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Campaign for Tibetan singers' release gets support from international artistes
Phayul[Tuesday, December 17, 2013 09:55]
DHARAMSHALA, December 17 : Peter Gabriel, Thom Yorke and Ed O’Brien (Radiohead), Serj Tankian (System of a Down) and Tjinder Singh (Cornershop) have expressed their support to a campaign by Free Tibet for the release of eight Tibetan singers jailed by China.

A petition signed by them says, “Singing songs in your own language about the issues of concern to your own people is not a crime. China claims to protect Tibetan culture but by imprisoning these musicians it is suppressing that culture, as well as violating the human rights of these individuals… I urge you to ensure that all artists in Tibet and all Tibetans are free to express themselves without fear of arrest, imprisonment or any other form of punishment.”

Lolo, Chakdor, Pema Trinley, Kalsang Yarphel and Shawo Tashi were arrested or sentenced in 2013, while Ugyen Tashi, Achok Phulsung and Choksal were jailed last year. Lolo is serving six years in jail, the longest of the sentences. Two other singers – Trinley Tsekar and Gongpo Tenzin – were arrested in November 2013.

Director of the London based Tibet advocacy group, Eleanor Byrne-Rosengren said, "Music is a vital part of Tibet’s resistance. Singers such as Lolo not only keep alive a culture that China is trying to erase but their songs articulate the aspirations, fears and courage of a people who remain proud and defiant after 60 years of occupation.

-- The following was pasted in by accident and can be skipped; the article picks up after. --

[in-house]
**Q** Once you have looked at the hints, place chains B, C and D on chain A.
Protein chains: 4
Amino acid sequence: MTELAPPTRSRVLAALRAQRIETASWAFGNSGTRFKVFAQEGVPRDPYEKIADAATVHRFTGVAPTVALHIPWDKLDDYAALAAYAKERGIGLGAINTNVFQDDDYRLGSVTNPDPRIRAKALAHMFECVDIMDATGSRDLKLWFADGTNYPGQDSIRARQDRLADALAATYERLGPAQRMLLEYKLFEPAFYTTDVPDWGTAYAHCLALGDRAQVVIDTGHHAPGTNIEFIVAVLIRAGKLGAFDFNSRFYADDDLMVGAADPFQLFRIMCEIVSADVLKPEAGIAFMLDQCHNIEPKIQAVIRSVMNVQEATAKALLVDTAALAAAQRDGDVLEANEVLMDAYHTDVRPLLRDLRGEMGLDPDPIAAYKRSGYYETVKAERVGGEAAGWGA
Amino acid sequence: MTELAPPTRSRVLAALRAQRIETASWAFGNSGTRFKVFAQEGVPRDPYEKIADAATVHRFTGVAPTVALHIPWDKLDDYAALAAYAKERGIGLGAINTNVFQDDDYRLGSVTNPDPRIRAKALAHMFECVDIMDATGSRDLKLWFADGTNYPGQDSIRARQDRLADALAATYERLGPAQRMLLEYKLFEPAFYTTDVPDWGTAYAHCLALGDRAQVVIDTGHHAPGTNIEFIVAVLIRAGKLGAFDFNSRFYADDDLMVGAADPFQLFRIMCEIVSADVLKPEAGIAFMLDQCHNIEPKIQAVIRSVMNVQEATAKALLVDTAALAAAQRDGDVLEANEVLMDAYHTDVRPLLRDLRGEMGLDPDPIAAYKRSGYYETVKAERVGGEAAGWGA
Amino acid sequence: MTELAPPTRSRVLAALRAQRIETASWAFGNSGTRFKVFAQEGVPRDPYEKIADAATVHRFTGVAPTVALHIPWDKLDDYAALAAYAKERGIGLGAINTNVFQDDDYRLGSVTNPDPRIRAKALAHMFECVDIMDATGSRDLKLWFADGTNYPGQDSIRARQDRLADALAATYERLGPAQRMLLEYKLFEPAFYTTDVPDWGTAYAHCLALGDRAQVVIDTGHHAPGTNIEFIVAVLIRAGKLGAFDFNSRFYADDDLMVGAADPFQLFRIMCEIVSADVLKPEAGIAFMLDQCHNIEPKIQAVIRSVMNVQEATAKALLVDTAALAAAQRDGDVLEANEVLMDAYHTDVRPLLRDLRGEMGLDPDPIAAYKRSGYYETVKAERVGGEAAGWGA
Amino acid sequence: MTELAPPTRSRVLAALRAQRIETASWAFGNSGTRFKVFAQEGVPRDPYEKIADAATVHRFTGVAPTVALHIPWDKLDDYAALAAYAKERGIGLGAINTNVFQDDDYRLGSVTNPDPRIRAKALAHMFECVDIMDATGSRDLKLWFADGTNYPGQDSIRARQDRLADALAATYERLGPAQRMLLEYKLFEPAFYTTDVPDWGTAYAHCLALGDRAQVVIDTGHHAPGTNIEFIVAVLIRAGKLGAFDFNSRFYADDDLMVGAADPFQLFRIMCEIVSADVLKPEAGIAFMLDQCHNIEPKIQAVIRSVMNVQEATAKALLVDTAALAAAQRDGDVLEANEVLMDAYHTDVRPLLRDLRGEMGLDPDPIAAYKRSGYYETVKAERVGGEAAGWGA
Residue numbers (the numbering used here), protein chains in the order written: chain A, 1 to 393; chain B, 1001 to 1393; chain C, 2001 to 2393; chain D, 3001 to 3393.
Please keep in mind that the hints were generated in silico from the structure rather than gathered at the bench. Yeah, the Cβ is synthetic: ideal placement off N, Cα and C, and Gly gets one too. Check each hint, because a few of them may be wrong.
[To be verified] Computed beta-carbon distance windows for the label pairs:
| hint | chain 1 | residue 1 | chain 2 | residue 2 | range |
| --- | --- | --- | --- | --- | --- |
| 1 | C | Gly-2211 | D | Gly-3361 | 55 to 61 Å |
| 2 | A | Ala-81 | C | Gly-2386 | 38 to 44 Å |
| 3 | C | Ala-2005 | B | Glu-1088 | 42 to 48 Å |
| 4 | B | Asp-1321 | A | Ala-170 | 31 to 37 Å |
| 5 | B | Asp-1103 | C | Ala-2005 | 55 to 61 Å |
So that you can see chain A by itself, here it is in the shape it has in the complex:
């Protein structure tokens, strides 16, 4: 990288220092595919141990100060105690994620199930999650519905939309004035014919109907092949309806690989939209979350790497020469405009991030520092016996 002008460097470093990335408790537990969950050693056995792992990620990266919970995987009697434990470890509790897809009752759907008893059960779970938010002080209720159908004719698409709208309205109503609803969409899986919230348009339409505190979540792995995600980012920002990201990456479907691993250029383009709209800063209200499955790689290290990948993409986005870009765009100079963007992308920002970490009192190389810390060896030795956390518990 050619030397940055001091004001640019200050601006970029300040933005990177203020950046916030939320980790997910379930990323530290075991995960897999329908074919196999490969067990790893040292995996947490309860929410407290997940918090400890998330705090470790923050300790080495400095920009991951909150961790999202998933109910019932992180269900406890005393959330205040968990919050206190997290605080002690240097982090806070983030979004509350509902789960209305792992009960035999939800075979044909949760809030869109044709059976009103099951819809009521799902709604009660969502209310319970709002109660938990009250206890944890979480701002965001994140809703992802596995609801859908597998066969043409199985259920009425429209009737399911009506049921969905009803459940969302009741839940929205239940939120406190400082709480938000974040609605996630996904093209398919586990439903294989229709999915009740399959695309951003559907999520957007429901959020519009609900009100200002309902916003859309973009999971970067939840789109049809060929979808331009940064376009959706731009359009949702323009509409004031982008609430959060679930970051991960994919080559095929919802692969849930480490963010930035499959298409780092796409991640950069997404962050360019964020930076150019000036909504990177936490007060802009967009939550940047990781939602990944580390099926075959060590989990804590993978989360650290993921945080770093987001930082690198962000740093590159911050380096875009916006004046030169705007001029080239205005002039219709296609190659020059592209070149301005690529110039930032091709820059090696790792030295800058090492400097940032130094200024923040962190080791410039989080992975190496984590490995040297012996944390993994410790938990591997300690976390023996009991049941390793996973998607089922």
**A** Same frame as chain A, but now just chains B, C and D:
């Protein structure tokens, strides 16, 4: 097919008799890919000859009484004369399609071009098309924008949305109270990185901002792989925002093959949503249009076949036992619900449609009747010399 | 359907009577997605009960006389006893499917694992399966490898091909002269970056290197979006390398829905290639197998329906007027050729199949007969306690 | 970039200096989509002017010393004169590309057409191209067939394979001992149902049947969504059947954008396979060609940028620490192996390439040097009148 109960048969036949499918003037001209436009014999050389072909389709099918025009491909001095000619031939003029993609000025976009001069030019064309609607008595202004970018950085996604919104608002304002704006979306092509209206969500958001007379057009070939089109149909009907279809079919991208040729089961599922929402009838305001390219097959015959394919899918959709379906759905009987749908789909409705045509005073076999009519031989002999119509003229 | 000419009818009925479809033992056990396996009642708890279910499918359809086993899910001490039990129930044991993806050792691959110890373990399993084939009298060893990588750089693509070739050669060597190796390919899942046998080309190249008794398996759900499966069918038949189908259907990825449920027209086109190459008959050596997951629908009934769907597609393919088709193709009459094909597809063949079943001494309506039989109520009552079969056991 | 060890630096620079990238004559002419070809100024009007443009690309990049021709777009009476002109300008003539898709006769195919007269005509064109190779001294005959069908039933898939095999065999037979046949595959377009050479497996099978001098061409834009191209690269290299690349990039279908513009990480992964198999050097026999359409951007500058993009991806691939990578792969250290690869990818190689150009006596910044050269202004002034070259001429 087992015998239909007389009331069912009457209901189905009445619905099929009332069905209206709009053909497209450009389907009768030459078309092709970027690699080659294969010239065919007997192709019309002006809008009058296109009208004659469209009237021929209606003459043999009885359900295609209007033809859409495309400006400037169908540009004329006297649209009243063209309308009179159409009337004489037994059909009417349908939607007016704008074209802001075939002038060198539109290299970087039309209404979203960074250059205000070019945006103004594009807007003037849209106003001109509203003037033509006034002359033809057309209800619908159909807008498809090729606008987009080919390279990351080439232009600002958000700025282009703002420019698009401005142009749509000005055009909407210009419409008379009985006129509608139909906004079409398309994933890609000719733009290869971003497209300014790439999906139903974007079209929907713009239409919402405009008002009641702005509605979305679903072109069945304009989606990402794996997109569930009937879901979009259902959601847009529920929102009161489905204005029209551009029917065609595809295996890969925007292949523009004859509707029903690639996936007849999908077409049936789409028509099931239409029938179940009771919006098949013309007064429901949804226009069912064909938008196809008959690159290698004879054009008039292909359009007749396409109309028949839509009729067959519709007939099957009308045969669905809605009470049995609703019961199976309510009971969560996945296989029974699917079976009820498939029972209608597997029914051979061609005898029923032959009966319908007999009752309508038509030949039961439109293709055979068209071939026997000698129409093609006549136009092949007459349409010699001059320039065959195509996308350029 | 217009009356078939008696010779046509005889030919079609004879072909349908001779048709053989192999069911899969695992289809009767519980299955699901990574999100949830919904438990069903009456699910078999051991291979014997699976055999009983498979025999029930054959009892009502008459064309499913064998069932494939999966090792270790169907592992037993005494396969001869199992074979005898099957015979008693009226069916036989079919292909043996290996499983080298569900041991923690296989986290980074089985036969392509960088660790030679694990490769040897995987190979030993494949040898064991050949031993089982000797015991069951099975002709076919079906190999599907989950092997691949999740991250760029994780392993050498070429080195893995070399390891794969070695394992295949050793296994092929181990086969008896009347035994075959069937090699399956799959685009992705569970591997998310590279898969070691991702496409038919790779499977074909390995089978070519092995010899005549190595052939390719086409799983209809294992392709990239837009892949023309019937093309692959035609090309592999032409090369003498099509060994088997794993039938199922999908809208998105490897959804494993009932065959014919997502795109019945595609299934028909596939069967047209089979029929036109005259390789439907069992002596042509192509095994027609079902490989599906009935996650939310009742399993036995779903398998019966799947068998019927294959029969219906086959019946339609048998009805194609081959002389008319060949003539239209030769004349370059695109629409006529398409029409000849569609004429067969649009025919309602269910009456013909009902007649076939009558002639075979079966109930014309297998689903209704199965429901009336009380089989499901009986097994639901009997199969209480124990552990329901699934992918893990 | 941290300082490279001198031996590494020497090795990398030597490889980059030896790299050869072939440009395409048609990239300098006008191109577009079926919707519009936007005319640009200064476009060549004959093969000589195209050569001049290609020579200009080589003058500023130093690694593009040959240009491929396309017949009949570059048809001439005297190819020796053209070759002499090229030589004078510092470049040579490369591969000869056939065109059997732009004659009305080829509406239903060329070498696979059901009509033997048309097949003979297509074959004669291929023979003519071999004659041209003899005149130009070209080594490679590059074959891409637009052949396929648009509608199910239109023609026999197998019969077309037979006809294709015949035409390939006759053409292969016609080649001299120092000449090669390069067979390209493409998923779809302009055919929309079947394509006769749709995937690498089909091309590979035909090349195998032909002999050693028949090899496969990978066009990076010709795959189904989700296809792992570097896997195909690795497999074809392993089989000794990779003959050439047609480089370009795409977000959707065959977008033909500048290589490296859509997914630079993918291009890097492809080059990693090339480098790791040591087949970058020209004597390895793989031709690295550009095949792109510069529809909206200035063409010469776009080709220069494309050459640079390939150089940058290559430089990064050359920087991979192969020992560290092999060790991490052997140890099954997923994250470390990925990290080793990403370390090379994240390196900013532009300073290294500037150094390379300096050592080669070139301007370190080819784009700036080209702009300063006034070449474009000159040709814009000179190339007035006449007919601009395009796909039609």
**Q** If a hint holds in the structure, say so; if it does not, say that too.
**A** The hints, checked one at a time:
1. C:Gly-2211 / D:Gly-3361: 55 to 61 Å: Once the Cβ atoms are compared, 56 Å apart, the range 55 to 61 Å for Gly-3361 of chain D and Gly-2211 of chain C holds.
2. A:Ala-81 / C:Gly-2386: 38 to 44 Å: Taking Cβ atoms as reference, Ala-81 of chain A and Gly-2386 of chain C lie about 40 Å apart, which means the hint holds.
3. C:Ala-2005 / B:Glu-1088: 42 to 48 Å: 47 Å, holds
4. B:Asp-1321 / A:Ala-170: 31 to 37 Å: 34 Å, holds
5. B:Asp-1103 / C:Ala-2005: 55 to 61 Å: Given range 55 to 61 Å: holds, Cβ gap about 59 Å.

“Last year, the world community responded with justified outrage to the treatment of Pussy Riot but musicians in Tibet have no platform or profile. Their protests consist of singing songs and seeking to have their music heard; their arrests, trials and sentencing take place where no media are permitted to go. China may be able to silence these musicians for now but it cannot silence the voices of people outside Tibet calling for their release.”

Citing an April 2013 US State Department report, the Free Tibet said China has implemented “severe repression of Tibet’s unique religious, cultural and linguistic heritage by, among other means, strictly curtailing [Tibetans’] civil rights”.

Since widespread protests against China across Tibet in 2008, Tibetan singers, writers, and artistes promoting Tibetan national identity and culture have become easy targets of China’s ongoing crackdown on intellectuals and artistes.
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